• 23. D01.2 Technical Leader report on Open Trusted Computing Strategy V1.0 virtualization solutions require a fully fledged host operating system as execution environment (which, from a trust and security point of view, increases the trusted computing base). Exceptions include the VMware ESX server (which replaces Linux with a stripped down OS after hardware initialization) and VirtualBox (available with embedded microkernel). 4.1.1.4 Hybrid Approaches to Virtualization Each of the virtualization alternatives mentioned above comes with its specific advantages and drawbacks. This problem is currently addressed by combining multiple approaches into hybrid solutions. In order to host both paravirtualized and unmodified kernels, Xen has recently been extended with support for hardware virtualization. In addition to full virtualization, VMware provides an interface for paravirtualized Linux kernels which is likely to result in improved performance for Linux as guest operating system [R11]. In the meantime, Microsoft has made its existing virtualization solutions (Virtual PC 2004 and Virtual Server 2005 R2) available free of charge. The company has committed to support a selected range of Linux distributions on Virtual Server. However, Virtual PC and Virtual Server are not based on hypervisors, but require a host operating system (Windows). The successor of Virtual Server (“Viridian”) will be eventually be based on hypervisor-technology, but its release is not expected in the near future [R12]. Microsoft is extending its stake in hybrid virtualization. In order to enable interoperability between Windows “Longhorn” Server virtualization technology and Xen, there are ongoing development efforts with XenSource to map the hypercall APIs of Windows Server virtualization and Xen. As a result, future versions of the MS “Longhorn” server and Windows Server virtualization will provide a Xen interface (target: end 2007) [R5]. For reasons of performance and backward compatibility, it is likely that the Xen interface will be maintained in parallel to the existing Microsoft hypercall interface. 4.1.2 Virtualization for Hybrid Server Environments The efforts outlined in the previous section are targeted at the enterprise server market. From a technical point of view, they should allow to freely combine virtualization layers and guest operating systems. Their commercial success will depend on a variety of technical and non-technical factors, including the availability and sophistication of management tools, support level, delivery channels and partner alliances. Regarding the last point, a remarkable development of 2006 was the recent announcement of a close cooperation between Microsoft and SuSE/Novell as Linux distributor. 4.1.3 Client Side Virtualization As of January 2007, the market for virtualization is mainly driven by requirements from the enterprise server segment. In this area, the potential benefits – fewer hardware nodes, better utilization, less energy consumption, smaller physical footprint – are easily understood value propositions. On the client side, virtualization has its natural place for system developers as it allows for 'soft reboot'. It can also be used in order to separate execution domains with Open_TC D01.2 23/32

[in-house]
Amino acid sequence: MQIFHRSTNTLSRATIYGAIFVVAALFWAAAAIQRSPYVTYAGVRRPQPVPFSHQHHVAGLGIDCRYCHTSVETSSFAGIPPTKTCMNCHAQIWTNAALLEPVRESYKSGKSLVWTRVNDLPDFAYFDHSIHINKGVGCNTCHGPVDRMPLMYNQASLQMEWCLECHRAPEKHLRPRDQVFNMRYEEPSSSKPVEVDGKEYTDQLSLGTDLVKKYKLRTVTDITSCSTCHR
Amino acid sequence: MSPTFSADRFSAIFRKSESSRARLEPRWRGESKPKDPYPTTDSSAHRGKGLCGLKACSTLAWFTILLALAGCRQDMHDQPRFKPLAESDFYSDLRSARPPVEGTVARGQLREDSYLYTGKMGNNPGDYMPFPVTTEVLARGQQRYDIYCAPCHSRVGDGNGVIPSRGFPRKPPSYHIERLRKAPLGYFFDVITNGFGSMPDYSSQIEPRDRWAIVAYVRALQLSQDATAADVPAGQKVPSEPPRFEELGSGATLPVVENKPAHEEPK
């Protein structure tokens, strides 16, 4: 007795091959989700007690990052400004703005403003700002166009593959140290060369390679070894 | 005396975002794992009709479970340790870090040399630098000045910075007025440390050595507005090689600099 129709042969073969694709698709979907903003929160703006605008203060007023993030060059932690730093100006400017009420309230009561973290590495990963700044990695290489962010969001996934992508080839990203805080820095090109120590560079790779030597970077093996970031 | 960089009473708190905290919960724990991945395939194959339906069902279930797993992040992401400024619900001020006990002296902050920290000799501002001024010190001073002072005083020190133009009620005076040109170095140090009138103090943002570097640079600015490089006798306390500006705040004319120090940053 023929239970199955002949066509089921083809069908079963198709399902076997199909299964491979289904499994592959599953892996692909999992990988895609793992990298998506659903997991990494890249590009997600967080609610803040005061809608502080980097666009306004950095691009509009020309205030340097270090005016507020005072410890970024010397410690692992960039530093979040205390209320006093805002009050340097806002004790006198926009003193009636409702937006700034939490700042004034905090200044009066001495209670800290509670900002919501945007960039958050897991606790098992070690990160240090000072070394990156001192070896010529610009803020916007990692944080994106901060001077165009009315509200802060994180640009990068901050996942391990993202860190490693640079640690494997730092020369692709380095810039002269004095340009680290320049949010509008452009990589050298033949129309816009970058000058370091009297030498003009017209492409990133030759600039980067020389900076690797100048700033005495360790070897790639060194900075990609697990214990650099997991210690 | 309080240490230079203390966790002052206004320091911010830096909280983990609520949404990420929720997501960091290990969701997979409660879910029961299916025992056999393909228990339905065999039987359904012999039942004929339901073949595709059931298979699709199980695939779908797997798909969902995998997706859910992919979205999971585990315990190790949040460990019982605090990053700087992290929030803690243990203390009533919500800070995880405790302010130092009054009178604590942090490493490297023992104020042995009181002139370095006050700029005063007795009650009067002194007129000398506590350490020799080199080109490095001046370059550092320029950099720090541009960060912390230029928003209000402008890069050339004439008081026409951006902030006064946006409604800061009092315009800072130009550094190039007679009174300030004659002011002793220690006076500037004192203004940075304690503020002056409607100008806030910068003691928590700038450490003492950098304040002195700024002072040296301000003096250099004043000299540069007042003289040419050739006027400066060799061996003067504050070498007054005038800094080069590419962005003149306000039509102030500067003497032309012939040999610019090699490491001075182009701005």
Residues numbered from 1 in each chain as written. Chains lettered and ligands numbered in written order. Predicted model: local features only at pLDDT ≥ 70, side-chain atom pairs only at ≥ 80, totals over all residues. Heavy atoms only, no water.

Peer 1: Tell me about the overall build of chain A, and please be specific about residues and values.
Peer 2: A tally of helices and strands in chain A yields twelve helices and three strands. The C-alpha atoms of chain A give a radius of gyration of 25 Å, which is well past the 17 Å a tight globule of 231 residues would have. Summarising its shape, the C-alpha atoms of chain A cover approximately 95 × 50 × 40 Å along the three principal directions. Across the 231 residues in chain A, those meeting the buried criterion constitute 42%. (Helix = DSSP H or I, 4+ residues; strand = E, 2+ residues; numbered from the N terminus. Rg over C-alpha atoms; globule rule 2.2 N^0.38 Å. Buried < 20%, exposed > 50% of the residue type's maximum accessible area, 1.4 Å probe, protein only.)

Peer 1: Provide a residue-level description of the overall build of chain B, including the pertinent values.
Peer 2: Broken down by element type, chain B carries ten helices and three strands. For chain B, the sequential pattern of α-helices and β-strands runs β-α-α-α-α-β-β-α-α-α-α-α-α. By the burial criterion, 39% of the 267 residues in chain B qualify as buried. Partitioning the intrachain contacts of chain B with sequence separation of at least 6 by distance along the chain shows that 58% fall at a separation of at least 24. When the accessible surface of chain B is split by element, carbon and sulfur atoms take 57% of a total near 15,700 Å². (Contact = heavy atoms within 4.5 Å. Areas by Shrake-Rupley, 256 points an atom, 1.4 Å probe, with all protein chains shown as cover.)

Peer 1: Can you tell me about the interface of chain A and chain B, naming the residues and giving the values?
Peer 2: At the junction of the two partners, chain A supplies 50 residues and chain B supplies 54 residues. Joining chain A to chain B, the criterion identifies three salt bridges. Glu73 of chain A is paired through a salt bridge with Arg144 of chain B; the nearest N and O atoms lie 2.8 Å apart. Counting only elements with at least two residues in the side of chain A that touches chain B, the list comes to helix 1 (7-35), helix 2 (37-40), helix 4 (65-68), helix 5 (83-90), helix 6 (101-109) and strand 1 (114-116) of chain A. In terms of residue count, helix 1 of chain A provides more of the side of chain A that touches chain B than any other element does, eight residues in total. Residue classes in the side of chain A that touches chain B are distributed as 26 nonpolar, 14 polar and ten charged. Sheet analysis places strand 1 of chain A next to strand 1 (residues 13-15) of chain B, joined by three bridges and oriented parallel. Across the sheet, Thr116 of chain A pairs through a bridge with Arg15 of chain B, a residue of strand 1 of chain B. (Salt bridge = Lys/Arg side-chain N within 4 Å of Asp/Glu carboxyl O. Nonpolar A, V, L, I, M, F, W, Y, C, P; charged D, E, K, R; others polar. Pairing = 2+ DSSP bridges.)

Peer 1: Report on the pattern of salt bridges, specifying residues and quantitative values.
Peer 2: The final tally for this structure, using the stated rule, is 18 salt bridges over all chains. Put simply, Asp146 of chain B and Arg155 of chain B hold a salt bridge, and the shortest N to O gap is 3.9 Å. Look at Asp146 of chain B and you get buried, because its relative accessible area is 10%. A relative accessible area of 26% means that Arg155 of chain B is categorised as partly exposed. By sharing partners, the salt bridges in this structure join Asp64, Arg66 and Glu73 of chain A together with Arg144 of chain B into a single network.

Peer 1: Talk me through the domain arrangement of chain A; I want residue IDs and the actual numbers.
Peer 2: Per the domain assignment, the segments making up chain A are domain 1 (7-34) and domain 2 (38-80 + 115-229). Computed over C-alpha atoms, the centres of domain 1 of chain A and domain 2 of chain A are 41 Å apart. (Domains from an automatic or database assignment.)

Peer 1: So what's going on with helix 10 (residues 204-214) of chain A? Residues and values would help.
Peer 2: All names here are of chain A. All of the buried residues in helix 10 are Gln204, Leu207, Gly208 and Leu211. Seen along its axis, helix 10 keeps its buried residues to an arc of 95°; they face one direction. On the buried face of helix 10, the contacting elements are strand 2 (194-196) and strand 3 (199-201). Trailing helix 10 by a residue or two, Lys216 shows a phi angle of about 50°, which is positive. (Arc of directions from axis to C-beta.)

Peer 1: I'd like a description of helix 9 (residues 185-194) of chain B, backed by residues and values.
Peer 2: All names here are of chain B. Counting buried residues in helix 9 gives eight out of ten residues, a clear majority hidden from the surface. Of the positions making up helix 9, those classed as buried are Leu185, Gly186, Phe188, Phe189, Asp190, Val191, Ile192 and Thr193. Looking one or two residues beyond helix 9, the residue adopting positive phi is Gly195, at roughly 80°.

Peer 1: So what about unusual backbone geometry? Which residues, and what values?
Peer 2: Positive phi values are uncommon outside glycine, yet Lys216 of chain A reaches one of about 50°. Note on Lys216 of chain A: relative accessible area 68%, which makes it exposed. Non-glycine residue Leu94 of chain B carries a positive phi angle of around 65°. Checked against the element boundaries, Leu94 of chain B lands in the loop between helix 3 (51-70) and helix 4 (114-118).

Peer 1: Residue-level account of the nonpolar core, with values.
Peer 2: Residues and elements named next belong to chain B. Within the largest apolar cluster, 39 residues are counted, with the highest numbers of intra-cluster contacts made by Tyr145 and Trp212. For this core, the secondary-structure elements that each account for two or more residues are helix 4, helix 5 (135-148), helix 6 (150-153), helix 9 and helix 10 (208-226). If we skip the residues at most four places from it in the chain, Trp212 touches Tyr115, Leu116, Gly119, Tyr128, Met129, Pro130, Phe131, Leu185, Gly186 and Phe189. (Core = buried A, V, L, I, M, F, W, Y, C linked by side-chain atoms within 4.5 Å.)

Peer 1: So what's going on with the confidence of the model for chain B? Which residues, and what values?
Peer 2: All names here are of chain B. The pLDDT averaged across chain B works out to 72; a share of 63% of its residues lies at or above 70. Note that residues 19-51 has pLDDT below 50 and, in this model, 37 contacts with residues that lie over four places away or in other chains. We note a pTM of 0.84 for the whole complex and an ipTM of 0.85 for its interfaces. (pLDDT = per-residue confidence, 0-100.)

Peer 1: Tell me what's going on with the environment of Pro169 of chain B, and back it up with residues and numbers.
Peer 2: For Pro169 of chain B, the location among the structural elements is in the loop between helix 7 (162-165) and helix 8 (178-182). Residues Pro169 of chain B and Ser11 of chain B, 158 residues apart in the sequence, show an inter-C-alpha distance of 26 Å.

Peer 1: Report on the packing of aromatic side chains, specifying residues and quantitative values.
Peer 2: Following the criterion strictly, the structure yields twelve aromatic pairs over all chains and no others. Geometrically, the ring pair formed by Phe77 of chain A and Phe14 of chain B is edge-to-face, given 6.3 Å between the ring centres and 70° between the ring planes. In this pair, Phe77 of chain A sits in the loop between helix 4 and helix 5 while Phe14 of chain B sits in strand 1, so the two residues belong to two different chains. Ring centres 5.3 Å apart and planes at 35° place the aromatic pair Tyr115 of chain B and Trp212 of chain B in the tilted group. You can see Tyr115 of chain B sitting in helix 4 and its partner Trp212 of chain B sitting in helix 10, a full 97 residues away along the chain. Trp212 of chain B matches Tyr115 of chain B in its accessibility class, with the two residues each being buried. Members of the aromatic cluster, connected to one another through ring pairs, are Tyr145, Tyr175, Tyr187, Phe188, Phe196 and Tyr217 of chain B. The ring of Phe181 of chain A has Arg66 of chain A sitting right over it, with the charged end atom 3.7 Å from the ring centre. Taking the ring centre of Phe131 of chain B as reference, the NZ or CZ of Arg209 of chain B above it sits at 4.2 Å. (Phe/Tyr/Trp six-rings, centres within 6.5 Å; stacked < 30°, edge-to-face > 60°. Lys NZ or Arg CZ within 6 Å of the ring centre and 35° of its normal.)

• 24. D01.2 Technical Leader report on Open Trusted Computing Strategy V1.0 regard to security policies. As far as client consolidation is concerned, virtualization tends to be a server side solution, consisting of backend that execute programs for 'thin clients'. With regard to consolidation, however, virtualization does not offer unique advantages and competes with other 'thin client' approaches (terminals, network virtual disks etc.). Products such as Xen, Virtual PC or VirtualBox offer capabilities and performance beyond what was available under emulators such as WINE. An important value proposition could therefore be the option using different operating systems in parallel, which would allow for an evolutionary migration of desktop applications. Given the absence of a recent market analysis on this topic, however, we are unable to give an estimate about current and future relevance of this option. Since putting the NGSCB development on hold in mid 2004, Microsoft has focused on extending and unifying the code base for its desktop and server operating systems (the recently released MS Vista is based on on the Windows Server 2003). While Microsoft actively develops, supports and encourages virtualization in the server field(see previous section), virtualization is also allowed for retail versions of the Vista Business, Ultimate, Enterprise, and Developer editions. In contrast, the end user licenses for pre-installed or low-end version of MS Vista ((Home Basic and Home Premium, mainly targeted at the home PC) explicitly forbid virtualization [R16, R17, R18]. These terms just make explicit what had always been Microsoft's interpretation of end user license agreements: virtual machines are regarded as separate 'computers'. Under this interpretation, virtualized execution of any OEM version of Windows XP is a license violation, even if the operating system remains on the same machine it was purchased with. In contrast, licenses for retail version of XP allow virtualized operation, including, at least in principle, to move from hardware based execution environments to virtualized ones. From this perspective, little has changed. Regarding the complexity of licensing agreements, the EULAs for MS Vista could even be considered an improvement over the previous state of affairs, since they clearly state whether virtualization is permissible for a particular OS edition or not. Wherever virtualization is disallowed, this applies equally to third party solutions and Microsoft's own product Virtual PC.. Importantly, Microsoft's interpretation of what constitutes a 'separate computer' is not necessarily supported by national law. In Germany, licenses that bind OEM software to specific hardware has been overturned in court. User actions that enable OEM software to run on modified or different hardware are considered as within the law. They are interpreted as acts to put the software to its intended use [R20, R21]. It goes without saying that the essence of the license has to be honoured nevertheless – in particular, its limitation to a single platform and a single instance. A more comprehensive overview of the legal situation in different European countries would be desirable, but we are not aware of a study on this topic. Given the growing importance of virtualization, a common European view on this issue would be of considerable value. There can be little doubt that a harmonized legal view along the lines of the consumer—friendly German interpretation would further the prospects of (trusted) virtualization on client and end user systems. 4.1.4 Virtualization and Trusted Computing Base Size Virtualization such as MS VirtualPC, Virtual Server or VMWare Player requires full Open_TC D01.2 24/32